Though keeping up momentum is a challenge, Daigle enjoys boatlife.
“It’s kind of fun,” he said. “I like living on a boat because there’s nothing you can think about other than fishing. You don’t have to worry about anything else.”
Though fishing provides separation from the rest of life, Daigle said, by the end of the season, “you’re over it.”
But even then, there’s something about living on a boat that draws you back, he said.
In the face of danger
The trio’s latest return to the water comes even after hearing and witnessing some of the dangers that come with the job.
Fishermen and related fishing workers was rated as No. 1 on Forbes’ list of America’s Deadliest Jobs, with 40 total fatalities in 2011 based on preliminary data. It is ranked before logging workers, aircraft pilots and flight engineers.
Smith was witness to one close call involving a family member.
When delivering fish to larger boats, there is a space created by buoys between the two vessels, and if there is a big wave, someone can fall in between the boats and be crushed — something that almost happened to Smith’s cousin.
Luckily, Smith’s uncle was able to jump down, grab the cousin and pull him up before the boats smashed him.
“We managed to get him out,” he said. “It can kill you really easily.”
Though there are various dangers to commercial fishing, you become less scared with practice, Smith said.
“Once you kind of know what you’re doing, it’s not that scary,” he said.
But as a beginner, things are bound to go wrong.
“The first year, we were just a total shit show,” Daigle said. “Every day something was going wrong. That first year was just pretty awful.”
Meier remembers one time in particular during that first year when he was fishing with Daigle.
“We caught a bunch of salmon,” Meier said. “We went to take the fish off deck and we went and we anchored up the net for the night and went to sleep.”
Meier and Daigle woke up at 6 a.m. the next day to find the bow in the air and the stern and engine compartment under water.
“Holy shit, Ben, we’re sinking,” said Meir, who grabbed a 5-gallon bucket and began tossing water out the cabin door. This is just one close call the two have experienced in their fishing endeavors.
“It can get super nasty out there and people can die all the time,” he said.
Despite the danger they face every time they climb onboard and head out to sea, Smith, Daigle and Meier all said they find commercial fishing gratifying.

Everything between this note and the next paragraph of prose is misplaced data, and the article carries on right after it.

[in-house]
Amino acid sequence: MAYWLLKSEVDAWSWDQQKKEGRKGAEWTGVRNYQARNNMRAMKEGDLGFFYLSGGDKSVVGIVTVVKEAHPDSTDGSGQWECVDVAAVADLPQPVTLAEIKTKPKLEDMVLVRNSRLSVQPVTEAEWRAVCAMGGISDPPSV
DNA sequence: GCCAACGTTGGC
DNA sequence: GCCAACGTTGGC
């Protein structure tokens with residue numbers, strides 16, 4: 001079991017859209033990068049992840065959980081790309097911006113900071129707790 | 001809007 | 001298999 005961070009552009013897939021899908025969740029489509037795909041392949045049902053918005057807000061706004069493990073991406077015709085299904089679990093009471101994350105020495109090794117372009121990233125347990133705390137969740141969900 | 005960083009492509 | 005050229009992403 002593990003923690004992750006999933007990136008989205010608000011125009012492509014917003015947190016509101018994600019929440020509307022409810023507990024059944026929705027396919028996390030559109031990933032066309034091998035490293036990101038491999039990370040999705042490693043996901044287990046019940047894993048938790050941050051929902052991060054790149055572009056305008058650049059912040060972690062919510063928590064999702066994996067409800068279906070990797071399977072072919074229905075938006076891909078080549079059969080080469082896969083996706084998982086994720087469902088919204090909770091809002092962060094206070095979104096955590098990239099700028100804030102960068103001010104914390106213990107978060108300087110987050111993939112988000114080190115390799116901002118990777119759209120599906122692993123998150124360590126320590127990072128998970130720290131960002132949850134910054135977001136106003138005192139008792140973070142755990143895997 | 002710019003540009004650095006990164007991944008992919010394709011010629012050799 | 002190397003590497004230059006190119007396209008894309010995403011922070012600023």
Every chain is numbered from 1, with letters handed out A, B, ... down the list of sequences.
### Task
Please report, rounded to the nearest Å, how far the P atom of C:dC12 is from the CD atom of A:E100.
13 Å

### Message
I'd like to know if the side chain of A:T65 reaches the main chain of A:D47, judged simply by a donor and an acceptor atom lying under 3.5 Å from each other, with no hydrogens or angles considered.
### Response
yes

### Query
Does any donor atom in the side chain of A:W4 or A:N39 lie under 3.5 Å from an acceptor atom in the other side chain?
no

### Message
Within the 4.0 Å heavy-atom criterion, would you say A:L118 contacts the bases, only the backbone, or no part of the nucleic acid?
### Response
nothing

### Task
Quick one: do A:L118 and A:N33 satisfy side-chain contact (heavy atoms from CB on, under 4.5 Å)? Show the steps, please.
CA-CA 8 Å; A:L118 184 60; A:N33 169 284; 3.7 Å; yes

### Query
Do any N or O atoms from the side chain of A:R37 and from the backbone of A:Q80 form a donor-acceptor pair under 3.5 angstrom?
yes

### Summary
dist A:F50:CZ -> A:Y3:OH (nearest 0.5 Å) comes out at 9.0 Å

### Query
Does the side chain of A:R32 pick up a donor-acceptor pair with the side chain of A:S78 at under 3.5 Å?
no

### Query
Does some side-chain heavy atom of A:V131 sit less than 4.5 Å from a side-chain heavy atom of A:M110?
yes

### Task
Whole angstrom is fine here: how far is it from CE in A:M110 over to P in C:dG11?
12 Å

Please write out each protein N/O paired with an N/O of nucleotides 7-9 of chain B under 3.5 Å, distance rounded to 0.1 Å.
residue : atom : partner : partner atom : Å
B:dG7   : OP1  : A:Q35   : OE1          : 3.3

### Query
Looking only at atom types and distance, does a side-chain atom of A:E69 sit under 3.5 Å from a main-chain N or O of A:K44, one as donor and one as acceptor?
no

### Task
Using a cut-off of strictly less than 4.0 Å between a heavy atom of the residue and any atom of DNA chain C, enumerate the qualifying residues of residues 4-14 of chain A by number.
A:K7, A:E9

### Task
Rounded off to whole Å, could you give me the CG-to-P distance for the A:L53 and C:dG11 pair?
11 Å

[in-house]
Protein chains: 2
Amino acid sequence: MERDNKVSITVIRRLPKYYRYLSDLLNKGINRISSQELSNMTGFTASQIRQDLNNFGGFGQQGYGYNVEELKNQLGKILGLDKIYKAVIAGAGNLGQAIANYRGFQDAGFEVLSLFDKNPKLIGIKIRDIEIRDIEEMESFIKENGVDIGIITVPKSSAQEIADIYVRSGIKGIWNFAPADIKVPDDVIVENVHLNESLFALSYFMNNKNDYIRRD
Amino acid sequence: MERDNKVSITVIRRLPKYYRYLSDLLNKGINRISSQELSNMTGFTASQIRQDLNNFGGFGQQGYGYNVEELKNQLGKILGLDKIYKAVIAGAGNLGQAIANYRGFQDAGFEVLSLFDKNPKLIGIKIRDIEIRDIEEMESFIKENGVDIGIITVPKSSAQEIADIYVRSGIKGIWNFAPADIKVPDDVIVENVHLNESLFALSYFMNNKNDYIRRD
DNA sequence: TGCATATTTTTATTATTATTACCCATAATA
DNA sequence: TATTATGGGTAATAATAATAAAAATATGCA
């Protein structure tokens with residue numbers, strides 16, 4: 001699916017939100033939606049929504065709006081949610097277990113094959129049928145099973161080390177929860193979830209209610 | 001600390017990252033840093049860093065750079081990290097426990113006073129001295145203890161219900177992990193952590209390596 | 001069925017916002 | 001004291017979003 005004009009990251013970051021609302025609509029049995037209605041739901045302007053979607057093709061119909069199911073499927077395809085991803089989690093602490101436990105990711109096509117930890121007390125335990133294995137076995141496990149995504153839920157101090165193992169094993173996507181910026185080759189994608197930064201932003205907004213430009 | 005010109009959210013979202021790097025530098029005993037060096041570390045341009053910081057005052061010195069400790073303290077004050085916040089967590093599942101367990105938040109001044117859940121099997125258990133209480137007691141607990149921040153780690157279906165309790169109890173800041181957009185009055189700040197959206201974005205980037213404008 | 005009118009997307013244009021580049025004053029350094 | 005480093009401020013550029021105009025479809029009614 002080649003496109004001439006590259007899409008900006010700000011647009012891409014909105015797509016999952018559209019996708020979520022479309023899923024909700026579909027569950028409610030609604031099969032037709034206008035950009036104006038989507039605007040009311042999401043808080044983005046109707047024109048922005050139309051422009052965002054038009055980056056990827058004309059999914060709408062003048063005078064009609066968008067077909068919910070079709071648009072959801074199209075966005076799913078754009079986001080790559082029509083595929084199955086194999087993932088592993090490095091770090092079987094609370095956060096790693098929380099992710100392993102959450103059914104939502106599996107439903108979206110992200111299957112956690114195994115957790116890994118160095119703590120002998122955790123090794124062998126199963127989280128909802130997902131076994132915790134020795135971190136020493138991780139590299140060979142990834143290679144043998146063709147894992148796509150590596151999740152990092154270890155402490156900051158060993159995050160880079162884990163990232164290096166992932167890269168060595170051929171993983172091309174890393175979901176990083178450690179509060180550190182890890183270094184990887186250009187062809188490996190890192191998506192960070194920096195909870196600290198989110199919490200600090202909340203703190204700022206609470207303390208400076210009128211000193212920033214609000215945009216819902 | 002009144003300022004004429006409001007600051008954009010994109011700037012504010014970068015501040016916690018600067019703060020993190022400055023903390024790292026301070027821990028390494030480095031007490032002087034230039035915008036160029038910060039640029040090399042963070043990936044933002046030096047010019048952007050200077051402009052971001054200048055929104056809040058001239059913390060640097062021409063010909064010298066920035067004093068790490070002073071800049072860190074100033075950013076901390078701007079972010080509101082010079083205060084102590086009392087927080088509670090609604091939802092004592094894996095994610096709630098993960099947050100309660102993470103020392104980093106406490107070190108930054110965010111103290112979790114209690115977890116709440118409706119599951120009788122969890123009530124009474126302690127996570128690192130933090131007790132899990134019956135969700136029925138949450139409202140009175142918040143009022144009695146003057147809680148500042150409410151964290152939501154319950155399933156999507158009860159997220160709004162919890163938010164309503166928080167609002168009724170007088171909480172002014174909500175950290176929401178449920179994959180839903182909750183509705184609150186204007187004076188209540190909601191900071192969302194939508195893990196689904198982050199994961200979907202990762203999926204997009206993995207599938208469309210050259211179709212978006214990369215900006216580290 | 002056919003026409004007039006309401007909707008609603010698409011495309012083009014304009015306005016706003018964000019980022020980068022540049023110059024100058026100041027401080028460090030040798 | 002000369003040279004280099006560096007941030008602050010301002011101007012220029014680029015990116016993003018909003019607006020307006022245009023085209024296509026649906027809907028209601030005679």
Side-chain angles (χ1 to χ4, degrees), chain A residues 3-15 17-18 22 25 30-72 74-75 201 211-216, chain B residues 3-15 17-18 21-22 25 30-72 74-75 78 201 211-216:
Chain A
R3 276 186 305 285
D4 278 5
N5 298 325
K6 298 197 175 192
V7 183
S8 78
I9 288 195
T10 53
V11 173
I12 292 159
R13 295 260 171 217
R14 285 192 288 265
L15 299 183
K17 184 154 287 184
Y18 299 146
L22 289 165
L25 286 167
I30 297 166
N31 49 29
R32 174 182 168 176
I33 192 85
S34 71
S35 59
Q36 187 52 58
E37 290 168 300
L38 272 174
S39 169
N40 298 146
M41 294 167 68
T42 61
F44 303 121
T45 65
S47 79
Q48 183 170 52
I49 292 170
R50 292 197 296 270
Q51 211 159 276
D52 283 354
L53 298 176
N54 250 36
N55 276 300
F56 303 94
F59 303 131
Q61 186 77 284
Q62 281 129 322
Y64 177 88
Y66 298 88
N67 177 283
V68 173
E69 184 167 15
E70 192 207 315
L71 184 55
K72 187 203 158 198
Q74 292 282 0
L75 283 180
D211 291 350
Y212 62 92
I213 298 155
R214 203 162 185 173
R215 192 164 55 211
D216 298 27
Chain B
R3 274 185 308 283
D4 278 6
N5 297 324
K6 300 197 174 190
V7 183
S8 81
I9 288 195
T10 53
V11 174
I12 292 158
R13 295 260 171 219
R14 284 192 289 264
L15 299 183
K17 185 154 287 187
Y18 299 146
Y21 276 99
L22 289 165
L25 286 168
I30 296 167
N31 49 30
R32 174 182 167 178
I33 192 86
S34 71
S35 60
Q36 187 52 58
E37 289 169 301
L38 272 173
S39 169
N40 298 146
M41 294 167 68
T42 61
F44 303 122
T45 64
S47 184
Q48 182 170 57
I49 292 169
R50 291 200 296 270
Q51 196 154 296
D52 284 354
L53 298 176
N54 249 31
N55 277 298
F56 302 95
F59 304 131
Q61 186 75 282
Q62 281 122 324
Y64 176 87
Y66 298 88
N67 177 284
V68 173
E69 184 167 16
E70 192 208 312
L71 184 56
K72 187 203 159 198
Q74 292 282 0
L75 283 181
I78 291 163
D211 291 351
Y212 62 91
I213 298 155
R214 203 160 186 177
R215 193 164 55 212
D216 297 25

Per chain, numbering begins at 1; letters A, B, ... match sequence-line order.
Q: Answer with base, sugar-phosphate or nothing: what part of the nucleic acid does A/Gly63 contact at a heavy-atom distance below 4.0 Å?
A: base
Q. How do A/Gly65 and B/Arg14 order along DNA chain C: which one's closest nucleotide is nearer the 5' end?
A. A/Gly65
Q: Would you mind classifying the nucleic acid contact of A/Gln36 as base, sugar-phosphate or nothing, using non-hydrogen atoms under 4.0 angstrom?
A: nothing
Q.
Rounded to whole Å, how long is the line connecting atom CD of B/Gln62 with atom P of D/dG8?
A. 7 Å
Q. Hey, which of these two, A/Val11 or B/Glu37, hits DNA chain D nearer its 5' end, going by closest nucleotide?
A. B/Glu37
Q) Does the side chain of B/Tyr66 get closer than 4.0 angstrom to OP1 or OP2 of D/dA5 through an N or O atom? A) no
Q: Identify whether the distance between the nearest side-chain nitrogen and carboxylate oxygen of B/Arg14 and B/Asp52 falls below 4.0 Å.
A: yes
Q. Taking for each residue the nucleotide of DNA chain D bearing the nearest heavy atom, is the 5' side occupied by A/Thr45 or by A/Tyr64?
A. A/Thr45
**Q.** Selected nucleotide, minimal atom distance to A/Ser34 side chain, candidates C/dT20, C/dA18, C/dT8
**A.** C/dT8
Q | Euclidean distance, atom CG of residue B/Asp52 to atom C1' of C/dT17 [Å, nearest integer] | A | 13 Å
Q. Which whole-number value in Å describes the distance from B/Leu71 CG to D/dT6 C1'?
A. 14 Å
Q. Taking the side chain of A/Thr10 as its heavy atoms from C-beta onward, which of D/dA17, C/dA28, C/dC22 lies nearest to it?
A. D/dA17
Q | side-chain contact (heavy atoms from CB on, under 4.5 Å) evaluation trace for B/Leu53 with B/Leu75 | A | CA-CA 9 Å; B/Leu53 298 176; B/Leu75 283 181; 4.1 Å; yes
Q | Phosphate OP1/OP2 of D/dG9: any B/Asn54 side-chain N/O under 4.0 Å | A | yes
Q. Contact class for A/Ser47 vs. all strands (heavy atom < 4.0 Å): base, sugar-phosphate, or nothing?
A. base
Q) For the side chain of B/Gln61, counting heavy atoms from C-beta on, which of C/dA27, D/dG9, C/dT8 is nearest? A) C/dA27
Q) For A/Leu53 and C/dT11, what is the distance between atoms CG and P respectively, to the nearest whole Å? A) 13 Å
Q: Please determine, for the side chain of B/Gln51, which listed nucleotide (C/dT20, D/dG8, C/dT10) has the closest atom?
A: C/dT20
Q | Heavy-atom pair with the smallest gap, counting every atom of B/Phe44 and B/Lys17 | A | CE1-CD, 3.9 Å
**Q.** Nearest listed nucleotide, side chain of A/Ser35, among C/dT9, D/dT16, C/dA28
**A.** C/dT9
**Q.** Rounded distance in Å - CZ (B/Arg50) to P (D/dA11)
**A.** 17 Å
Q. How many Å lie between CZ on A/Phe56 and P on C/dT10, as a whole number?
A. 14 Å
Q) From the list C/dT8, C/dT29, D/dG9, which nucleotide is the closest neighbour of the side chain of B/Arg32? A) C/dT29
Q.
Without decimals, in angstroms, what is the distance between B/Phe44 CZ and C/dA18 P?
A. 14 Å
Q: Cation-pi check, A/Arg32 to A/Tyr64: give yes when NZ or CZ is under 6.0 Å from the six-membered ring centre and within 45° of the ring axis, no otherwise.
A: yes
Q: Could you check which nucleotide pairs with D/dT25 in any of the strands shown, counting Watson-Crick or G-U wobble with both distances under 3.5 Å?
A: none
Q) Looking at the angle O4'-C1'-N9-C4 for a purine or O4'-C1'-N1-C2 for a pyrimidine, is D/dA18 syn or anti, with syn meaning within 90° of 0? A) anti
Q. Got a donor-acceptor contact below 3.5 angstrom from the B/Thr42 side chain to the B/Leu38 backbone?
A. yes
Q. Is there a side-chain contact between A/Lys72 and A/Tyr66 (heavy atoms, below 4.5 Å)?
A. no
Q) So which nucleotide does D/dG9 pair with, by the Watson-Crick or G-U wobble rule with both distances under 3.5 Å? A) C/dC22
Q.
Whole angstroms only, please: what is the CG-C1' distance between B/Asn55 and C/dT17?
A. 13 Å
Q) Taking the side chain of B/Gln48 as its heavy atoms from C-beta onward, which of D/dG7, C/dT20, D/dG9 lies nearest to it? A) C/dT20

“You can have really big days of like, money,” Daigle said. “That’s the whole reason everybody does it, it’s because you never know when you’re going to do really well and a lot of times it’s just super random. You could make $20,000 in a day if things go right for you.”
Daigle said it’s exciting not knowing how the day will pan out.
“You have to fish really hard and hope,” Daigle said.
Smith, however, finds fulfillment in the hands-on aspect of commercial fishing.
“Working hard and working with your hands … hard manual labor is very rewarding for me,” Smith said. “Getting a paycheck and knowing I worked for it. (At the) end of the day, feeling like you’ve accomplished something.”
Along with manual labor, Smith said he enjoys being a part of the fishing community his family has been a part of since 1936.
From Alaska to SLO and back again
Though Smith loves Alaska, he enjoys coming back to San Luis Obispo.
“I always love it just because of the weather and I get to go surfing,” Smith said. “The lifestyle is so much chiller I guess. Everything is paved and, I don’t know, life is kind of easy.”
With the time they’ve spent in both Alaska and San Luis Obispo, the trio definitely notices the contrast between the two locations.
“It’s like black and white difference,” Smith said.
One clear difference is in the choice of pastimes — in San Luis Obispo, Smith may ride the California waves, but in Alaska, he hunts black bears.
“If I don’t get fish and meat for my parents, they have to buy it,” Smith said.
Differences in attire also distinguish the Central Coast from Alaska.
“You wear like totally different clothes up here (in Alaska) — practical clothes,” Smith said. “In California I wear like semi-trendy things.”
This can lead to some commentary when there is crossover between the two attires: When Smith wears rain gear in California that he would normally wear on a boat, he receives comments saying it “smells like fish.”
Meier said the differences from Alaska and San Luis Obispo are a “full 180,” not just in activities and clothing.
“The mentality is completely different,” Meier said. “People just like, don’t care up here (in Alaska). It’s not superficial at all.”
Meier is currently in Cordova, located on the east side of Prince William Sound.
“Walking around downtown nobody knows me,” Meier said. “Everyone says ‘hi’ and ‘good morning.’ People are friendly and they’ll take you in if you need help.”
This camaraderie isn’t just specific just to Cordova, but is pretty much Alaska in general, he said.
Smith echoes these sentiments.
“I’ve always kind of been in love with it,” Smith said about Alaska. “Nowhere else could be home having lived this way. I don’t think I could ever do anything else, really. Just getting to be on the water, it’s very therapeutic.”
All three of the trio have to return to Cal Poly in the fall to finish their degrees: Smith plans on returning to Cal Poly in the fall for his last quarter, while Daigle and Meier both have plans to graduate after winter quarter.
After graduation, Smith said he will take the rest of the year off to go fishing again for another six months. After, he hopes to attend law school.
Daigle said he will end up in Alaska again at some point after college, though he doesn’t have any definite plans as of yet.
As far as fishing goes, Meier said he will see how his first season with his own boat pans out.
School aside, it’s safe to say the trio is enjoying time in the Alaskan outdoors.
“The pictures you see are incredible, but they don’t (do it) justice at all,” Meier said. “This place is just massive. It’s hard to get a sense of feel for it. This is kind of my office, you know? My window I look out, you see all these crazy snow-capped mountains and it’s incredible.”
Check out Smith’s first-hand account here.